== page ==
Jianhua Guo is a professor at the Australian Centre for Water and Environmental Biotechnology. His research focuses on removing contaminants from wastewater and the environmental dimensions of antimicrobial resistance. One of those dimensions is the overuse of antibiotics, which promotes resistance to these drugs.
Guo wondered if the same might hold true for other types of pharmaceuticals as well. His lab found that they definitely do. Specific antidepressants—SSRIs and SNRIs—promote resistance to different classes of antibiotics. This resistance is heritable over 33 bacterial generations, even once the antidepressant is removed.
So much work
Antidepressants are among the most prescribed and ingested drugs there are. They account for roughly 5 percent of the pharmaceutical market share—about the same as antibiotics—and four of the top 10 most prescribed psychiatric meds in the US.
To assess antidepressants’ potential effects on antibiotic resistance, Guo’s lab grew E. coli in the presence of physiologically relevant concentrations of five commonly prescribed antidepressants for 60 days and measured how well the bacteria grew on agar plates infused with different antibiotics. They looked at antibiotics with different mechanisms of action: some that worked by inhibiting DNA synthesis in the bacteria, others that worked by inhibiting protein synthesis, and others by inhibiting cell wall synthesis. They found that the antidepressants they tested induced resistance to multiple antibiotics—within a day.
This group did a ton of experiments to try to determine how this was happening, starting by sequencing the DNA, mRNA, and proteins of the antibiotic-resistant bacteria. They saw that the antidepressants caused the bacteria to produce reactive oxygen species, which can damage cellular components. This seemed to be essential for the evolution of antibiotic resistance, as the resistance didn’t arise when cells were grown without oxygen. The drugs also caused the bacteria to express more efflux pump proteins that shunt antibiotics out of the cell. Genetic mutations in the bacterial chromosomes that promoted multi-drug resistance were also more common.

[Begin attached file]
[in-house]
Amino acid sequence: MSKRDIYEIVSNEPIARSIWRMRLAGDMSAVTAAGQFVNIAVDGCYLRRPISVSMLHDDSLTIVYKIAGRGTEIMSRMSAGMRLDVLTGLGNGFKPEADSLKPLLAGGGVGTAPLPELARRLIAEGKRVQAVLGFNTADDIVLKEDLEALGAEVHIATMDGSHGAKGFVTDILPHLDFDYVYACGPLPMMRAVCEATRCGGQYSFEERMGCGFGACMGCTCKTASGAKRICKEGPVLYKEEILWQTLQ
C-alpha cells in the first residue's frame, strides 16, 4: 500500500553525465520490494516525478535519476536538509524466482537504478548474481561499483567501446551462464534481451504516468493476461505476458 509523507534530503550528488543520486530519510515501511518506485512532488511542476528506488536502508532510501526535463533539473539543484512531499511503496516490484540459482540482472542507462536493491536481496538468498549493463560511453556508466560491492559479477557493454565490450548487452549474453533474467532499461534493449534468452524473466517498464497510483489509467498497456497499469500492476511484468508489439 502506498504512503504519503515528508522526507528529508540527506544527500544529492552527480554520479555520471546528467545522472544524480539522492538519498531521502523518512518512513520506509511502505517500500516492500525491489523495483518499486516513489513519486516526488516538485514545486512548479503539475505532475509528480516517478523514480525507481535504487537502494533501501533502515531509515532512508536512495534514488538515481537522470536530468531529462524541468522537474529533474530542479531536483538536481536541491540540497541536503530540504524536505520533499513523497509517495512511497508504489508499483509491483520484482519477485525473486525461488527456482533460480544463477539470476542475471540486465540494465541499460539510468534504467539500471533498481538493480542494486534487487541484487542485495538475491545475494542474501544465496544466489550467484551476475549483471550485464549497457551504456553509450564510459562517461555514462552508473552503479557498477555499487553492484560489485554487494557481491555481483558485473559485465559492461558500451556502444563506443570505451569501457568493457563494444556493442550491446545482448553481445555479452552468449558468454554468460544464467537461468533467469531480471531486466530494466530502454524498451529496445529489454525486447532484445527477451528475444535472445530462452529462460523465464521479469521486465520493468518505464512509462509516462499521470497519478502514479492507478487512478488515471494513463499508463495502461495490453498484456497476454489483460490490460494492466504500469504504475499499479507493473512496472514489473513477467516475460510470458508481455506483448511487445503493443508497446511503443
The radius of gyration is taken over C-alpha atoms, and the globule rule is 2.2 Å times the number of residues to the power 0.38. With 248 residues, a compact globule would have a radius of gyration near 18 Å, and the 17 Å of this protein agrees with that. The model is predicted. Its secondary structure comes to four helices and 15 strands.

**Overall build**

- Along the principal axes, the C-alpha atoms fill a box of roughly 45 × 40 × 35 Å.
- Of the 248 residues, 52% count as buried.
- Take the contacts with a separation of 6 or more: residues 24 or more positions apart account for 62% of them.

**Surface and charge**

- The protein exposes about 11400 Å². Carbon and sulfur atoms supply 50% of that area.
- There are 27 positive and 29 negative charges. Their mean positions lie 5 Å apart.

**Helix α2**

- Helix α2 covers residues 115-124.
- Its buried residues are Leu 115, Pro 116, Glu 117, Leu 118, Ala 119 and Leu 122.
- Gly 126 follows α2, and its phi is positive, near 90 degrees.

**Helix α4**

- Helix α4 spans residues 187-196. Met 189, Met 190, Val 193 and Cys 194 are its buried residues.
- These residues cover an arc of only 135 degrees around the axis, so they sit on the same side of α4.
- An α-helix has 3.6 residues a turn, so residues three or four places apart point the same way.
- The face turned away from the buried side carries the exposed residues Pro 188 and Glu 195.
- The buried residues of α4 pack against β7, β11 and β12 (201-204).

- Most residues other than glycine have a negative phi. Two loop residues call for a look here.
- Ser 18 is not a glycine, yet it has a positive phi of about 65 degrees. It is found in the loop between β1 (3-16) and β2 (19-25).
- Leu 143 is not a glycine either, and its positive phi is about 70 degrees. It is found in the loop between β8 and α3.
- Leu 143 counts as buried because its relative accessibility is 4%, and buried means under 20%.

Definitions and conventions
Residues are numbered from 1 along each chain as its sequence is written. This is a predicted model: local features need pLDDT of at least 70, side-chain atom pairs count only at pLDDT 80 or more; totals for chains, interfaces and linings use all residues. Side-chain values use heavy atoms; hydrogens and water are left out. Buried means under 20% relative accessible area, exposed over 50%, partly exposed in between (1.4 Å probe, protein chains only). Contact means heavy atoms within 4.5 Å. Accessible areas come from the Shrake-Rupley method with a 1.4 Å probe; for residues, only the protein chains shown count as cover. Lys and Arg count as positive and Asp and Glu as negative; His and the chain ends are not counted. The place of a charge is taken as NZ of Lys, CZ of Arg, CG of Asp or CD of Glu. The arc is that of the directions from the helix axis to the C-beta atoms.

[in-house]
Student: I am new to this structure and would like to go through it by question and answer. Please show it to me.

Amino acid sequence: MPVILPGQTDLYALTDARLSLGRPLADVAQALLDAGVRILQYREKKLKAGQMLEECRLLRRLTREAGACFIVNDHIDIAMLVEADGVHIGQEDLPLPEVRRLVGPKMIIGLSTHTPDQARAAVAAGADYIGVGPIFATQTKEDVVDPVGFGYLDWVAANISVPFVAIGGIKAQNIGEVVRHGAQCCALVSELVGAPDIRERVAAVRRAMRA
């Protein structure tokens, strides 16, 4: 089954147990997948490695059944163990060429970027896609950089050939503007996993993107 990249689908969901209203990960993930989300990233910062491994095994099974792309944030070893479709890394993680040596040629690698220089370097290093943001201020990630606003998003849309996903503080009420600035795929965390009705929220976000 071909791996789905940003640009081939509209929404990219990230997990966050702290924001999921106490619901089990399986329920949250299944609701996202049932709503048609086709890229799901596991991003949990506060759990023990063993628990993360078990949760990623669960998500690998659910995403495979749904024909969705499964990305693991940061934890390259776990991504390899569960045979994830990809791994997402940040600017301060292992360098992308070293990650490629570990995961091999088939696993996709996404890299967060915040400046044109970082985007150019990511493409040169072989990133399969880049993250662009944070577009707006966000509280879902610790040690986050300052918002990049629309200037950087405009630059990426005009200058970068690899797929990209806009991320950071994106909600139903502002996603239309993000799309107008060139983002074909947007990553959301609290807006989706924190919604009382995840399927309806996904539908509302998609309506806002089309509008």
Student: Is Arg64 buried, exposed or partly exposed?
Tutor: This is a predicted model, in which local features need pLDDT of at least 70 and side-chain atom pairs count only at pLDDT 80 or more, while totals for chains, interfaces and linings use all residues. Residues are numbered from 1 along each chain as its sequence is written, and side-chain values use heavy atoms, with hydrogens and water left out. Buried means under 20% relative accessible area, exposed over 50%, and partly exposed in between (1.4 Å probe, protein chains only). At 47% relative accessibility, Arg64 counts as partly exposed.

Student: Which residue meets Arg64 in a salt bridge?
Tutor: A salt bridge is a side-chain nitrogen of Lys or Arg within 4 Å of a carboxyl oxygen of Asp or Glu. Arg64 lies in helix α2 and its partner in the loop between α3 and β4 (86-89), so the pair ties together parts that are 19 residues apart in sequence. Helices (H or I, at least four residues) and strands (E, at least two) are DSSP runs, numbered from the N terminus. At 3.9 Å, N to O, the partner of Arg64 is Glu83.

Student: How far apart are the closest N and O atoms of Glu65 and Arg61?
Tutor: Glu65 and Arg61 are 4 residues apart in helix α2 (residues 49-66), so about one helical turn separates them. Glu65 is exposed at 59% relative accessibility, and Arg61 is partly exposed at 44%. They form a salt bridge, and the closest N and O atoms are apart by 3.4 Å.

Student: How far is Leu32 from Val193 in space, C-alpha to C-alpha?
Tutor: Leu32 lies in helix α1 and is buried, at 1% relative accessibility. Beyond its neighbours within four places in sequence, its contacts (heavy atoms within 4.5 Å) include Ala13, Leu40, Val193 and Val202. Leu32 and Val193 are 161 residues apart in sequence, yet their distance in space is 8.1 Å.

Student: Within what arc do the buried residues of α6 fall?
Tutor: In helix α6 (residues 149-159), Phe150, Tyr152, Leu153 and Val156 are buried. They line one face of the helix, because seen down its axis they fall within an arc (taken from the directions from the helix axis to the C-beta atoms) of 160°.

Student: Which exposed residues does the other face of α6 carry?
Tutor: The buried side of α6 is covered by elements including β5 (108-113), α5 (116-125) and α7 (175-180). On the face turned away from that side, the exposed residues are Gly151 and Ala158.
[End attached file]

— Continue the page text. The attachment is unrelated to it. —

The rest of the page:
The scientists then looked at time-lapse microscopy images of DNA moving between bacterial cells, a process that can enable the rapid spread of resistance genes. Guess what? The SSRI sped it up and increased its occurrence, allowing resistant bacteria to spread the resistance horizontally to their peers (in addition to vertically to their progeny).
Persistence can lead to resistance
The antidepressants also increased the percentage of bacterial cells that persist in the presence of high concentrations of antibiotics. These “persisters” aren’t quite antibiotic resistant, exactly—they have none of the genetic mutations that confer antibiotic resistance. They are still normal bacteria; they just randomly have a higher tolerance for antibiotics than their peers. The researchers generated a mathematical model of bacterial evolution, which suggests that antidepressants increase the rate at which both normal bacteria and persisters evolve into full-fledged multi-drug-resistant strains.
Antibiotic resistance is an enormous threat to human health. Since antidepressants are prescribed and used in such massive quantities, the fact that they can induce antibiotic resistance should not be considered one of the more trivial of their side effects. It might even be taken into account in the design of new, more effective antidepressants.
PNAS, 2023. DOI: 10.1073/pnas.2208344120